Falco columbariusIn the last week, I’ve seen 9 raptors, nearly half of them while I was walking down various streets of Brooklyn and Manhattan. My best day was Sunday, when I saw five birds of four different species in Green-Wood. This Merlin (Falco columbarius) was the highlight. Merlins are falcons, just slightly larger than Kestrels. I was a little surprised to see this one — male, as the wings are slate blue/grey — since I usually see them during migration periods. But even then not always. They don’t seem to have taken to cities as well as Kestrels, but are beginning to make inroads. Kestrels are cavity-nesters, and they find decaying 19th century cornices a fair substitute for old tree holes. Merlins re-purpose other hawk and corvid nests for their own, assuming those birds don’t return.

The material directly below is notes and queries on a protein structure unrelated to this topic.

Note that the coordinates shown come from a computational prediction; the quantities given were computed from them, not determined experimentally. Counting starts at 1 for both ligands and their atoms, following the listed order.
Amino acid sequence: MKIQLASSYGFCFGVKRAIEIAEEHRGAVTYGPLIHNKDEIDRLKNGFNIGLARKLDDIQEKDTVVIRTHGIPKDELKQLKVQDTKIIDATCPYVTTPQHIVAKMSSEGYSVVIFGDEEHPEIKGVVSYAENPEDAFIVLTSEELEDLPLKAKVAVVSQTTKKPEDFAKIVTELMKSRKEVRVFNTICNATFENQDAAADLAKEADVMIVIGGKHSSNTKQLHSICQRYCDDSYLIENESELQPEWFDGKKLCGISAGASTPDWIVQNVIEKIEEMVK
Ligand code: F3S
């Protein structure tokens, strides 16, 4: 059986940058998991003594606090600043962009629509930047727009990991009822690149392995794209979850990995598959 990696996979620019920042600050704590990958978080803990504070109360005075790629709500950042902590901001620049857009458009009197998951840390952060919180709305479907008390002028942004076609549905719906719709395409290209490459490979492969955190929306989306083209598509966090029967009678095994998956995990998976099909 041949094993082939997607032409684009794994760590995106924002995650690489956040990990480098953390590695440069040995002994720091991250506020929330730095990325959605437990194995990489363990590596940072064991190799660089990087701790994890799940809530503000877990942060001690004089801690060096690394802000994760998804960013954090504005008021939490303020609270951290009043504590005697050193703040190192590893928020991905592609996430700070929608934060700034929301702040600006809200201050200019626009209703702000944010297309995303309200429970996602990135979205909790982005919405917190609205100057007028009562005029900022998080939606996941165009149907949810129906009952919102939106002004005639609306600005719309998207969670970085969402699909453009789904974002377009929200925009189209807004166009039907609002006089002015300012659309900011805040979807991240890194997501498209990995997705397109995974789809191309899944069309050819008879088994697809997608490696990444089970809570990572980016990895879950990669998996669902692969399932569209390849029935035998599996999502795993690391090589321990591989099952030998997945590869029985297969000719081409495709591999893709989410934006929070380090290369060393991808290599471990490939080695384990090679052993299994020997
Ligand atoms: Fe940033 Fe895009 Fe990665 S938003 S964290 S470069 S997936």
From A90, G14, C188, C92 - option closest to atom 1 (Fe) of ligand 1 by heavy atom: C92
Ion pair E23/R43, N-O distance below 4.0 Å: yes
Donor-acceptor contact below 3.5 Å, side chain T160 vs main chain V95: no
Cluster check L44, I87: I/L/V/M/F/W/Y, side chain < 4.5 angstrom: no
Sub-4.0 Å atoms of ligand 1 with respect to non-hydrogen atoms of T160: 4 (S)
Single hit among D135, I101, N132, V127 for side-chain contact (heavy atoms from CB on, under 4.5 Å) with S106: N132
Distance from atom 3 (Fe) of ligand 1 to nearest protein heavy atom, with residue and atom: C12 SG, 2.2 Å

There are three subspecies of Merlin in North America (our is the Taiga), six in Eurasia. The name comes not from the Arthurian necromancer (who stems from this Welsh chap Myrddin), but the French name for the bird, esmerillon. The birds are also known as Pigeon Hawks, something reflected in their binomial, as columbarius means pigeon-like; they are about the same size as pigeons and are supposed to look like pigeons when flying. These birds, more specifically their European co-specifics, were known as Lady Hawks during the Medieval period, when falconry was the rage, for they were flown by women.

These falcons characteristically perch on lookouts for long time periods, waiting for likely birds (House Sparrow, Waxwing, etc.; a pigeon is too big) to pass by. They attack from the horizontal or below, not above like their big cousins the Peregrines. This one gave us very good looks from the top of its tree and was still there when we left.

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